Title: The Beach Trees
Author: Karen White
Release Date: May 3, 2011
Genre: Contemporary Fiction
Rating: 4.5 out of 5
Julie Holt has never been able to get past her sister’s disappearance. After all, she was supposed to be watching Chelsea, and she failed. As the years have passed, she has lost contact with her parents, unable to put down roots or commit to anything. In New York City, Julie meets another young woman named Monica who is interested in the artwork of Abe Holt, Julie’s grandfather. Julie finds a kindred spirit in Monica, and they become as close as sisters. But when Monica becomes sick and eventually passes, Julie is left with Monica’s shattered memories, as well as her son Beau. Unsure of what to do, Julie heads down to Biloxi, Mississippi to meet Monica’s family and to understand why she chose to abandon them.
Karen White writes absolutely mesmerizing Southern fiction that I can’t seem to get enough of. I’ve read almost all her books, and have loved every single one (reviews of The House on Tradd Street, The Girl on Legare Street, Falling Home, On Folly Beach, The Lost Hours, and The Memory of Water). Therefore, when I discovered she had a new book coming out, I had no doubts that I would read it as quickly as possible, and that I would thoroughly enjoy it.
Julie is a carefully crafted and complex character, and an endearing person to play a leading role in White’s novel. She is very broken and unsure of herself when the novel starts. She doesn’t allow herself to care for anything or anyone, and doesn’t want to commit to a place because she is certain it will be taken from her. She doesn’t know how to trust. It’s clear that losing Monica was extremely difficult for her, but Julie also realizes that her old methods of protecting herself will no longer work. She has Beau to worry about now, and his welfare is more important than her insecurities.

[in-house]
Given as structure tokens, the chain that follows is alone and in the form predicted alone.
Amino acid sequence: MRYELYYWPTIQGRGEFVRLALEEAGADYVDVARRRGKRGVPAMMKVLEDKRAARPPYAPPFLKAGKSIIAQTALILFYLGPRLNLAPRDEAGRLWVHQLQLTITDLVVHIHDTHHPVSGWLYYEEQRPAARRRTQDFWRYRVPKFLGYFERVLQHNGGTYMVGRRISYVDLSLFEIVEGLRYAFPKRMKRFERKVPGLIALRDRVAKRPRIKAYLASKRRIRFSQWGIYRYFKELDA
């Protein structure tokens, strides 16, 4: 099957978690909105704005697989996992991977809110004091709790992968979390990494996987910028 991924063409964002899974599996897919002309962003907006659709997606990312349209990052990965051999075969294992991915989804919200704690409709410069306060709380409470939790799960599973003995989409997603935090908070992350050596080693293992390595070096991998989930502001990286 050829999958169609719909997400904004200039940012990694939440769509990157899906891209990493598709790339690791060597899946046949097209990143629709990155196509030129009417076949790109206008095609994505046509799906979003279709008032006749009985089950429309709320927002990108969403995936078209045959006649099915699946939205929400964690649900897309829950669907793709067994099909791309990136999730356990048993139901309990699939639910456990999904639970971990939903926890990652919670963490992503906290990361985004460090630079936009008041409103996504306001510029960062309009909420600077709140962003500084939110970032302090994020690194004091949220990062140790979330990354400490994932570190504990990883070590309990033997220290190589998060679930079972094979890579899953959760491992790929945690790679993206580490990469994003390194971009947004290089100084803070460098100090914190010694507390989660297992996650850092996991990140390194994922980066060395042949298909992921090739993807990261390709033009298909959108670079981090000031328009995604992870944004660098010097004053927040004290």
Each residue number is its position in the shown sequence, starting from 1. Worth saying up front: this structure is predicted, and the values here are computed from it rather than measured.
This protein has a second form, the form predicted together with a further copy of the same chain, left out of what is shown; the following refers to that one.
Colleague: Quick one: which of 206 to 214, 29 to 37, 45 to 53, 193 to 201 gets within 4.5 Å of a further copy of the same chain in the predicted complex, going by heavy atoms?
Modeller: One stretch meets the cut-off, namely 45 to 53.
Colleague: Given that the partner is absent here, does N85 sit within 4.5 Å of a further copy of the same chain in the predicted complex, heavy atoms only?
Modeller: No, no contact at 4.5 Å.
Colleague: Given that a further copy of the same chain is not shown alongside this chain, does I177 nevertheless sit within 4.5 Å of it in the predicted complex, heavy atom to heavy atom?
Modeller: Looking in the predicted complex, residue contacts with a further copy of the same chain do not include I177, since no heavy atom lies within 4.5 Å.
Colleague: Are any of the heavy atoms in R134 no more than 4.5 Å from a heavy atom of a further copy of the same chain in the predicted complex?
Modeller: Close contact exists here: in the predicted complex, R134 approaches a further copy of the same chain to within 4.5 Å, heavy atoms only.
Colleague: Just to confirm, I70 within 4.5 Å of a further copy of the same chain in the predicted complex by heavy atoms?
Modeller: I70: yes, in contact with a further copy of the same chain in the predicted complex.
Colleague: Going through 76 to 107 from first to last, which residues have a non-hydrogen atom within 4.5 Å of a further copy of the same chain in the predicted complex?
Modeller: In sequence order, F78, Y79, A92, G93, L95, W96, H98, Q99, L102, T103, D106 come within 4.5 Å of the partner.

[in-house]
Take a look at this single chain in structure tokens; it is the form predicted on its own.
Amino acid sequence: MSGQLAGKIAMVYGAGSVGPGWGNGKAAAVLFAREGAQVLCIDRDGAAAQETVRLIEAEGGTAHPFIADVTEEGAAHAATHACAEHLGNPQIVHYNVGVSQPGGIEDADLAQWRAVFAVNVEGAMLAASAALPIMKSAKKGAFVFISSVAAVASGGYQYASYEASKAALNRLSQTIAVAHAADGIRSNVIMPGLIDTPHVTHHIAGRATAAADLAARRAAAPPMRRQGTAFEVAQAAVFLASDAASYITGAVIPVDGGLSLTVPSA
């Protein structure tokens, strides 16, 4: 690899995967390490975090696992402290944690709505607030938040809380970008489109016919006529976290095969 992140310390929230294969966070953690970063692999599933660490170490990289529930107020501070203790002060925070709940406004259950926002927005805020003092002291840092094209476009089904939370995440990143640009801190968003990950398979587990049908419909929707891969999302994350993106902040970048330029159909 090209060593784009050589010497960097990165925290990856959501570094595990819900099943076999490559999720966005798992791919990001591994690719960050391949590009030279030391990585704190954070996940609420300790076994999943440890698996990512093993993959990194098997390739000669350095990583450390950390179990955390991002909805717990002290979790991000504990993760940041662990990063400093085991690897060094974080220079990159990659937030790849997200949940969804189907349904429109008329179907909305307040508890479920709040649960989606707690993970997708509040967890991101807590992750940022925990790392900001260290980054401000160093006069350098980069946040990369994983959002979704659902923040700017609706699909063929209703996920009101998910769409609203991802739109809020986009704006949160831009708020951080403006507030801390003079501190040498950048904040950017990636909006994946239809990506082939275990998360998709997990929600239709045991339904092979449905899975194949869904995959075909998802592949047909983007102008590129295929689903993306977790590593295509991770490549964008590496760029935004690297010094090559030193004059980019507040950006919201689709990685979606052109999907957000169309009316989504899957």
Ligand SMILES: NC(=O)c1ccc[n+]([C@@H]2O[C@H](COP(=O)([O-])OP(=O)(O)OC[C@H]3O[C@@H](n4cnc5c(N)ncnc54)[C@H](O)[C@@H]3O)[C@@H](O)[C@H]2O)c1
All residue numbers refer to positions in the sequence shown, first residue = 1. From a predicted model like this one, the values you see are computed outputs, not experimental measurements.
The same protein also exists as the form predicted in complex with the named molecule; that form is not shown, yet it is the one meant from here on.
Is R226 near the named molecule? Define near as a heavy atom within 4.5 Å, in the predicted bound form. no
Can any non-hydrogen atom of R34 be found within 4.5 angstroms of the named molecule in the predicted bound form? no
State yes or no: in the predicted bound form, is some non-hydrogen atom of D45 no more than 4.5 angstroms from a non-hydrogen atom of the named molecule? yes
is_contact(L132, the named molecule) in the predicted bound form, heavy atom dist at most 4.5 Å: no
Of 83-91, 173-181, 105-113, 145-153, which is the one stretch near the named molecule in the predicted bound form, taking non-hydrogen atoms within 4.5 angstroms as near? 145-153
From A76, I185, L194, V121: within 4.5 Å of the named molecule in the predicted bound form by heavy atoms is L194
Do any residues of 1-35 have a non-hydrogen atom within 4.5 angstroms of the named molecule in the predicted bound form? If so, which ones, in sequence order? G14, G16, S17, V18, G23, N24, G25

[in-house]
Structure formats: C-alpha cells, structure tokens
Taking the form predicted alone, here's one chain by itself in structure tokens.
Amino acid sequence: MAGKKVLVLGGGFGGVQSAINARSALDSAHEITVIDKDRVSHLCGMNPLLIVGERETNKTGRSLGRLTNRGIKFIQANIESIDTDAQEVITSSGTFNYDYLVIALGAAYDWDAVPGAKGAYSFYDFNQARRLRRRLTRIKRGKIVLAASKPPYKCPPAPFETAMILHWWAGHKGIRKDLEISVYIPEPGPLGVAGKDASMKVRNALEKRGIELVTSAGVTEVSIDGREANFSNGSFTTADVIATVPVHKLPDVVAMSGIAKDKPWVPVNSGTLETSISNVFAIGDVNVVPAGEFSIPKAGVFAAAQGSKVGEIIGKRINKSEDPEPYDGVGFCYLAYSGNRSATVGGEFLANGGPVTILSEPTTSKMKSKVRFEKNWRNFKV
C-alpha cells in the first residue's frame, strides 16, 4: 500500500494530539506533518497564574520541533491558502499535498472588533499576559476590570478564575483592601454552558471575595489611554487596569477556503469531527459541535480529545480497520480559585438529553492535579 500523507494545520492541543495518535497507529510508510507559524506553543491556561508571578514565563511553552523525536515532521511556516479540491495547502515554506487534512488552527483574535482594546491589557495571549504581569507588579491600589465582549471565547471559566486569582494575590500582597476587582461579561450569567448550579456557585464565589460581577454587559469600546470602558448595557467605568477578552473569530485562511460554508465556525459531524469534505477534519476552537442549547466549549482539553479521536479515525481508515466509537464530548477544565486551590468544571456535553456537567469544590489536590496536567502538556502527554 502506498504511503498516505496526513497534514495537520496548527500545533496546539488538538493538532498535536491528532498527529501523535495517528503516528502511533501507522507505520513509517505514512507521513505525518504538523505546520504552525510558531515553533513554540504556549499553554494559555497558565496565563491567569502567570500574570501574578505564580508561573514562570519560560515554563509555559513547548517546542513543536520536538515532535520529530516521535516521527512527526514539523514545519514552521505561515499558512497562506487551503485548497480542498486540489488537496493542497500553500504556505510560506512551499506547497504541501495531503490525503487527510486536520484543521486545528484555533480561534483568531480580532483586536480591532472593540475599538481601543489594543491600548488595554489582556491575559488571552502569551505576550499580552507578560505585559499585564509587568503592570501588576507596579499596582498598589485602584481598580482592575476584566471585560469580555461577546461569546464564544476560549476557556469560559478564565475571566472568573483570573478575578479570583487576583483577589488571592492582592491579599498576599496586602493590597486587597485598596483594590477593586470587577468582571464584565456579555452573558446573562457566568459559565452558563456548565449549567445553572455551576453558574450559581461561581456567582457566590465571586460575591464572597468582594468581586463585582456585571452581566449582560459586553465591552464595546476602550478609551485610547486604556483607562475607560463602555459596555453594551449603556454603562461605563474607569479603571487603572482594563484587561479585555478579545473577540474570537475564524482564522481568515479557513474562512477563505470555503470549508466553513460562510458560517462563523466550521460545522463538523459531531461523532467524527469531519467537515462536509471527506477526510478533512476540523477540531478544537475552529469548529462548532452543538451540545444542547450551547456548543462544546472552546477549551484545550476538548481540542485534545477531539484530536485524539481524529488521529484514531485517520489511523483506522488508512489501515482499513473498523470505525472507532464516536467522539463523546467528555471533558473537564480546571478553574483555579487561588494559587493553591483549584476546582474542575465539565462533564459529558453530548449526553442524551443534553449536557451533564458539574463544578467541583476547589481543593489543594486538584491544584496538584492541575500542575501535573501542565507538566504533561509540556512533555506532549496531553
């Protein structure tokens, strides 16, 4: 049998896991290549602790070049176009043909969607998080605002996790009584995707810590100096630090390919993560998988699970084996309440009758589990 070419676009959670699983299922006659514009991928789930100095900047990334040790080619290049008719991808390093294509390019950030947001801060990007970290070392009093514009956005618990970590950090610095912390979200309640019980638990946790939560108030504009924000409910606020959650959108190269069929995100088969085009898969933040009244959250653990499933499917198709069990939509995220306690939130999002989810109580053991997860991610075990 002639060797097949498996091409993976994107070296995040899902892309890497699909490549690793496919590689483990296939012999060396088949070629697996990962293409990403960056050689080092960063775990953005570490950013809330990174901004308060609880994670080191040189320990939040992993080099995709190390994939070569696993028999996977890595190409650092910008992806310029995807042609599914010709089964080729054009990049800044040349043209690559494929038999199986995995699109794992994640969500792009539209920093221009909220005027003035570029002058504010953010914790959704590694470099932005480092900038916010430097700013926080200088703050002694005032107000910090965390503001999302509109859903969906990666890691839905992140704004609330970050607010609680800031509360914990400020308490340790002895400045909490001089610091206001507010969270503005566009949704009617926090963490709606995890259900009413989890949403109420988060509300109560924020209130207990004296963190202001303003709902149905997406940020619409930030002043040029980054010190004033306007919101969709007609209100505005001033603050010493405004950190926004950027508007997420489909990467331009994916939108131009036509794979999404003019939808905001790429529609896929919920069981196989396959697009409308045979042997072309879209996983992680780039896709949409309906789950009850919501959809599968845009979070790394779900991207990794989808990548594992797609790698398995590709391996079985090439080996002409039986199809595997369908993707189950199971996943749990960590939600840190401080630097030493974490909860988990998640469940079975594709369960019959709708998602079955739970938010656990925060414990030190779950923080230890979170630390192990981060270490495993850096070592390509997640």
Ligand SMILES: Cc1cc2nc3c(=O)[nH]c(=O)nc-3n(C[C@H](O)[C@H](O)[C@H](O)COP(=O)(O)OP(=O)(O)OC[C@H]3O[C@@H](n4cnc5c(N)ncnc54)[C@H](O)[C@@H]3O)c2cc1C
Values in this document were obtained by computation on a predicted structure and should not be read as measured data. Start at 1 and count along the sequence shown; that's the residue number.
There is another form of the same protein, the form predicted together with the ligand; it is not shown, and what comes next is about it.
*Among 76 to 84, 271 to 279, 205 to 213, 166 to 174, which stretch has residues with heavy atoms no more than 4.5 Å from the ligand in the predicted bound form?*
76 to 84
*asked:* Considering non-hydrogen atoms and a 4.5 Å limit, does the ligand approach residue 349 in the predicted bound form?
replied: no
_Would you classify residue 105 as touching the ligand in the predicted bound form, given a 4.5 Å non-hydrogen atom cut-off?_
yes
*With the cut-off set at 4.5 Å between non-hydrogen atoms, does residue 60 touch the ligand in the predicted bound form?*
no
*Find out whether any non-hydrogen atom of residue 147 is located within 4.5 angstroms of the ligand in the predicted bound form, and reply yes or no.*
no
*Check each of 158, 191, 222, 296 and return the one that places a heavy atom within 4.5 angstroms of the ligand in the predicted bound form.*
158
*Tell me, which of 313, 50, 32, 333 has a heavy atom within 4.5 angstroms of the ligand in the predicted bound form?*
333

The Gulf Coast of Mississippi plays a huge role in The Beach Trees. The setting is its own character, beautiful, yet haunted by the ghosts of the hurricanes Katrina and Camille, as well as the Gulf oil spill. White takes the reader into this region, so beaten down yet full of hope, and really shows the reader its spirit. At the beginning, Julie is so skeptical of why anyone would want to rebuild in a place that has been so battered. It’s so rewarding to see her begin to understand what a place can mean to a person, especially since she is so incredibly lost.
Julie also explores Monica’s family history and begins to adopt it as her own. Her interest is more than morbid curiosity – she has to understand why Monica left her family, refusing to speak to them or even let them know she was alive for over a decade. She has to know what kind of people they are for Beau’s sake; after all, they are his family as well. This mystery was engrossing, and though Trey could be frustrating at times, each character was well-written and engaging.
I thoroughly enjoyed The Beach Trees and am sad it’s over. Karen White has such an amazing talent for writing a beautiful story with sympathetic characters that you can’t help but fall in love with. This was a wonderful story, and I’m so glad I had the chance to read it – I’m excited to see what she does next.